While not common in polite face-to-face company, double talk, which occurs when both speakers talk at the same time, occurs more frequently in phone conversations due to
network latency. Like background noise, double talk challenges echo cancellers. Line echo induced by hybrids is not a problem on pure VoIP calls in which both parties are using IP Phones. This is because the IP phones are connected directly to the packet network from the start and packets never touch any legacy telephony interfaces.
Service providers need to be aware that if they opt for the cheapest VoIP phones or media gateways, echo cancellation is the one thing they are most likely to sacrifice in the process. This cost/performance tradeoff could end up being more costly, especially when
one considers that echo is the problem most often cited by end users as the cause of a poor quality experience.The another form of echo, acoustic echo, is of concern. Speakerphones experience acoustic echo from the reflections of the end users’ voices as their voices bounce off the walls, desks, windows etc. in the rooms in which the speakerphones are used. The design of the speakerphone itself may also induce acoustic echo, which is caused by the placement of the speaker and microphone. A quality echo cancellation implementation can, to a certain extent, be used to “tune” a phone’s acoustic attributes. Video IP Phones will likely feature speakerphone functionality, so acoustic echo cancellation will be a critical element influencing end users' experiences with them.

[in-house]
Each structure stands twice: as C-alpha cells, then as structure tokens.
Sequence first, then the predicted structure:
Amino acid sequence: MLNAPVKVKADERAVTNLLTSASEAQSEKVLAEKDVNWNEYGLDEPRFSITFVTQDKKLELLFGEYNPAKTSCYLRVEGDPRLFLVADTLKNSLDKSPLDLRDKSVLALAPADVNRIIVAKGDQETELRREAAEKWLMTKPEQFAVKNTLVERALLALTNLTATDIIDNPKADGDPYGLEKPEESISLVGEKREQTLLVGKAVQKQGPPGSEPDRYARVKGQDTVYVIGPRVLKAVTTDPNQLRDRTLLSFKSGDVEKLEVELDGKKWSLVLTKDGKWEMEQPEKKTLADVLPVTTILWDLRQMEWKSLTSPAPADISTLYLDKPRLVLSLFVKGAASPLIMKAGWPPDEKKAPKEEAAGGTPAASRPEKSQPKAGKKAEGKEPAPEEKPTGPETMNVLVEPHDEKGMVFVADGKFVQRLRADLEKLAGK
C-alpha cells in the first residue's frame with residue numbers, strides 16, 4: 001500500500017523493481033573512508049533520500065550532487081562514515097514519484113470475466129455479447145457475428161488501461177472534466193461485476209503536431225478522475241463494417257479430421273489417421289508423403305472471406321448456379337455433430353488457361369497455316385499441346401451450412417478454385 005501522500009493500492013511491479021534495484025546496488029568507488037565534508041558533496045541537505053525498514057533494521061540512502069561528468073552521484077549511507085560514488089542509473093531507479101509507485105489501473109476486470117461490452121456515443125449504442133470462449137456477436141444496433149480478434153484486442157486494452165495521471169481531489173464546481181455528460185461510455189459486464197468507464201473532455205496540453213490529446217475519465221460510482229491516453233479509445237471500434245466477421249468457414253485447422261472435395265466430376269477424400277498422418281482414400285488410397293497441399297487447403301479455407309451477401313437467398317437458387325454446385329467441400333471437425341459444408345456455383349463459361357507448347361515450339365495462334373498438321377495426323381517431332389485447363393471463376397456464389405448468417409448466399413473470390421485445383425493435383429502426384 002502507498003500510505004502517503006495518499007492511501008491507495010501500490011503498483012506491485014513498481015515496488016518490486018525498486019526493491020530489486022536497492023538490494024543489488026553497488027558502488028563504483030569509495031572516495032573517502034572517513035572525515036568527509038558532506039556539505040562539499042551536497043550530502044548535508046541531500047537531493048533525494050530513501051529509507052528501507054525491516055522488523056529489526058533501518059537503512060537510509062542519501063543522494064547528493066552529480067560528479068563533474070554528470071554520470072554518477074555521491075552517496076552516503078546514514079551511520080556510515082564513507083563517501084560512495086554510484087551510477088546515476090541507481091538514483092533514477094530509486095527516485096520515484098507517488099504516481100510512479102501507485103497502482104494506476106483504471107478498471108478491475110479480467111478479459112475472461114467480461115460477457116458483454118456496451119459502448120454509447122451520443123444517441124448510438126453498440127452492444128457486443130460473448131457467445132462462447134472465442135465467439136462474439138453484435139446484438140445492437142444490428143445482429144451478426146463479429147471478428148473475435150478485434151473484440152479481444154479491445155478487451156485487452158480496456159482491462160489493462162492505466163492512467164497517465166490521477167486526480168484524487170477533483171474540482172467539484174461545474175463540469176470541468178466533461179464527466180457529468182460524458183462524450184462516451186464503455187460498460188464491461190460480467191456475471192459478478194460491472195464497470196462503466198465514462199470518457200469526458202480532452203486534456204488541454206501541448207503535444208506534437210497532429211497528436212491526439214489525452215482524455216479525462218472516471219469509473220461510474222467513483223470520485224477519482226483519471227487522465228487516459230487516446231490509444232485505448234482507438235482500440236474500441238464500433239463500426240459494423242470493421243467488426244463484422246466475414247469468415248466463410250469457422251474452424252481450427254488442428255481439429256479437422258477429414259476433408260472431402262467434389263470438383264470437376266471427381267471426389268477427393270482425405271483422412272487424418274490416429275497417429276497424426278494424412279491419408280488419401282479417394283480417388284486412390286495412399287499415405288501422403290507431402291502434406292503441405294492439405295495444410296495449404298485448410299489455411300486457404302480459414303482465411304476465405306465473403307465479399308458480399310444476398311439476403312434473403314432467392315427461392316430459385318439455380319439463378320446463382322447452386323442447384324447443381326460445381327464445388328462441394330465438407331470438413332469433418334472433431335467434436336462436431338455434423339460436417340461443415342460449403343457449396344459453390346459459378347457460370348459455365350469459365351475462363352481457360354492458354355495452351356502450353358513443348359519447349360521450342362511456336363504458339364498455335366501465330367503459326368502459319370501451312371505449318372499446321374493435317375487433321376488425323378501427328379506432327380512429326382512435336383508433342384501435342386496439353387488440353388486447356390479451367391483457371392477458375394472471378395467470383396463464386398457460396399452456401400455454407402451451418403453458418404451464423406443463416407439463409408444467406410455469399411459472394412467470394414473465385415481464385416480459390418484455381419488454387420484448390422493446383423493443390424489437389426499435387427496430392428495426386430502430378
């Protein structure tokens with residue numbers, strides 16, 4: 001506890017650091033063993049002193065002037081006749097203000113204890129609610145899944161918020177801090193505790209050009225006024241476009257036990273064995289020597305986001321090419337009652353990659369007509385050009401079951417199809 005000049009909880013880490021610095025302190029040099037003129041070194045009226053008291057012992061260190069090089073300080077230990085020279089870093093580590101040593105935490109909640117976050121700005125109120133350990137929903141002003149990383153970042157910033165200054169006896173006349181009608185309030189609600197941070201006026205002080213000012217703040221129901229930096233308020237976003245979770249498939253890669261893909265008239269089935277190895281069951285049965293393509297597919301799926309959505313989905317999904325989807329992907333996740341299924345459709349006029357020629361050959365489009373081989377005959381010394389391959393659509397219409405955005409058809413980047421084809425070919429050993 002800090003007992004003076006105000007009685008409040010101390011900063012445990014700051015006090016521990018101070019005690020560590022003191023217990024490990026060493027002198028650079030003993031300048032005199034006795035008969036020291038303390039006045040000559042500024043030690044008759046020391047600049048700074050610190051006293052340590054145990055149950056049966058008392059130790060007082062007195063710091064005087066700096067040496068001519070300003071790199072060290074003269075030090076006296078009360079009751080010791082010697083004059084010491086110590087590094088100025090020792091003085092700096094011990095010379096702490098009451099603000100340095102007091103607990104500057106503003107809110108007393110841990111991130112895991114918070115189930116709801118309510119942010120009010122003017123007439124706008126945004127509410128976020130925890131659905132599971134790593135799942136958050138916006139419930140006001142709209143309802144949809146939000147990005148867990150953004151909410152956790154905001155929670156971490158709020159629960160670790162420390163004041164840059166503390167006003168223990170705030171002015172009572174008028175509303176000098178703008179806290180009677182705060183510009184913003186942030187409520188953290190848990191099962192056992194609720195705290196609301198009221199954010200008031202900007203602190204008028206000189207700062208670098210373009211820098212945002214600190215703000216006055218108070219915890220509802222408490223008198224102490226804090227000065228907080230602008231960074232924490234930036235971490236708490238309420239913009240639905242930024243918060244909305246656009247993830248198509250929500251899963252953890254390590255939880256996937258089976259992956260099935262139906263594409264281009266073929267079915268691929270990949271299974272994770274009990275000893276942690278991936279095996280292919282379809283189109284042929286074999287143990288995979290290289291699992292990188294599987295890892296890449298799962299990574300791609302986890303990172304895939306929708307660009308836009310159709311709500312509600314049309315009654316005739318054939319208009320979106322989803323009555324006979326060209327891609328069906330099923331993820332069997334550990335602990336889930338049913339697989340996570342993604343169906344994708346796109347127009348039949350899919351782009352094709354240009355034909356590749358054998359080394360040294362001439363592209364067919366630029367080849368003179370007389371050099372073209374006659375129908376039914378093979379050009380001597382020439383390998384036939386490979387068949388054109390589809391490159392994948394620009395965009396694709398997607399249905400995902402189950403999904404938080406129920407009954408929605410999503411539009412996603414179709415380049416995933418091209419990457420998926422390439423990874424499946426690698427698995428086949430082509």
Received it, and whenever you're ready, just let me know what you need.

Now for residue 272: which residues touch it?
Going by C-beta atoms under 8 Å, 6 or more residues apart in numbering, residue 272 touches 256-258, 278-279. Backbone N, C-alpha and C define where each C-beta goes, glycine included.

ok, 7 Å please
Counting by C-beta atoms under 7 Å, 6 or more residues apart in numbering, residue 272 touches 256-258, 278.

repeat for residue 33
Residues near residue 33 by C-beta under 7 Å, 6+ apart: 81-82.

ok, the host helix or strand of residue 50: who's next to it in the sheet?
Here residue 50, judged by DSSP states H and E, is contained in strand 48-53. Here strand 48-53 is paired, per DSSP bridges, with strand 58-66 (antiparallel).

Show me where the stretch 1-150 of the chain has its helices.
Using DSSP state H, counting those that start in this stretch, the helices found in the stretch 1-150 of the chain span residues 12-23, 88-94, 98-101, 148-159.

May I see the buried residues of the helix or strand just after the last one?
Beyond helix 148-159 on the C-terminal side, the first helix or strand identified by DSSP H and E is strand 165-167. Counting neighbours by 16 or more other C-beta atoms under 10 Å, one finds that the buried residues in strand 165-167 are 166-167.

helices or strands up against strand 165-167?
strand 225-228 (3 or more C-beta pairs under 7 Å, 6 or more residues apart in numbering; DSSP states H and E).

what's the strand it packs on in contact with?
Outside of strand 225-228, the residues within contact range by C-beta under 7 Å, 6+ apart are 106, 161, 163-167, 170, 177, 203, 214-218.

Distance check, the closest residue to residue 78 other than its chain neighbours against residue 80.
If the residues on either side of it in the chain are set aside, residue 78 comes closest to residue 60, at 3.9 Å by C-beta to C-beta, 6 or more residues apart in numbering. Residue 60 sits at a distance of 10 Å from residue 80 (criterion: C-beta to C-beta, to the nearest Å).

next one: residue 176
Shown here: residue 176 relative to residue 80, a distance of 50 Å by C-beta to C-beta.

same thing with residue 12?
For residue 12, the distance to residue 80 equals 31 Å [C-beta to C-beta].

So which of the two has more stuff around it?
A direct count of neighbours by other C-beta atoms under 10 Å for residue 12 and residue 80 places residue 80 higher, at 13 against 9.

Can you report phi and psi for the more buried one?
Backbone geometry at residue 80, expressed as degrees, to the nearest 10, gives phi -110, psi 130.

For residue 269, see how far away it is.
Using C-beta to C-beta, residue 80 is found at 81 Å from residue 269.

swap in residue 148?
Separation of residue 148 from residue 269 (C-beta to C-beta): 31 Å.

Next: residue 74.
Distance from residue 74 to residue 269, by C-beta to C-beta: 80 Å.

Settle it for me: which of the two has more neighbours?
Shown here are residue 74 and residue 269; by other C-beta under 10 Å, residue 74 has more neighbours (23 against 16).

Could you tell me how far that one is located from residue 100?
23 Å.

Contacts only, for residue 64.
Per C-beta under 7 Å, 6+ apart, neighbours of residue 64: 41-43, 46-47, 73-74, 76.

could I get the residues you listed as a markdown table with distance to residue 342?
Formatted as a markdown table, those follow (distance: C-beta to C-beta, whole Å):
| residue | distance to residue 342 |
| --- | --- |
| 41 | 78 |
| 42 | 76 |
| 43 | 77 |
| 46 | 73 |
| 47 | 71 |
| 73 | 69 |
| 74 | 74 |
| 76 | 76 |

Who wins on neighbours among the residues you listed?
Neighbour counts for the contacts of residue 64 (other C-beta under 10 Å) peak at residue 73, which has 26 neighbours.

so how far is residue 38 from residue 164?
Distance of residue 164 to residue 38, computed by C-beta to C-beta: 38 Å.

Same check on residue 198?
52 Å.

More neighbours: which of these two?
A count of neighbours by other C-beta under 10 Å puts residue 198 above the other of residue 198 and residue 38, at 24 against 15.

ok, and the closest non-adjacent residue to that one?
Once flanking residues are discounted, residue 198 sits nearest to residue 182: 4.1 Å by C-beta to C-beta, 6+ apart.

Consumers are likely to pay a premium for video phones and they also are likely to be IP Network Gateway Gateway
PSTN Echo reflected by the hybrid located in the residential voice Echo reflected by the hybrid located in the provider’s premiere customers. Poor VoIP implementation in a video phone, especially in the tricky area of acoustic echo cancellation, could result in the consumer blaming the service provider for quality issues caused by poor acoustic echo cancellation on their Video IP Phone. All echo cancellers are not created equal, and adherence to the G.168 standard for cancellation is not a “seal of approval” for Echo cancellation. Simply put, it is not easy to do good echo cancellation. It takes a lot of DSP processing power and memory to do it well. Quality echo cancellation will have a marginal cost impact associated with the additional MIPS and memory resources when compared with bare bones solutions. This cost can be minimized when the developers have control over all system resources. Thus, an integrated echo canceller that was conceived as part of the whole voice subsystem rather than a third party add-on is likely to be more resource efficient. As mentioned earlier, voice is not the only application for which telephony lines are used. Modem based devices are still quite common, with FAX being the most common of these. There are a tremendous number of issues to contend with when sending a fax, but the first is simply detecting that the call is a FAX call, and not a voice call or some other kind of modem call. False detection of FAX tones can result in frustrating failure
of the call. Once detected, FAX tones can be transmitted using G711 encoding, but the scheme is not as robust as the T.38 fax relay, which breaks a fax call down and sends
the FAX data across in a packet format. The result is greatly improved reliability and call completion rates.
FAX is designed to operate between two machines directly connected via the PSTN. This is a nearly optimal connection from the perspective of delay, and therefore FAX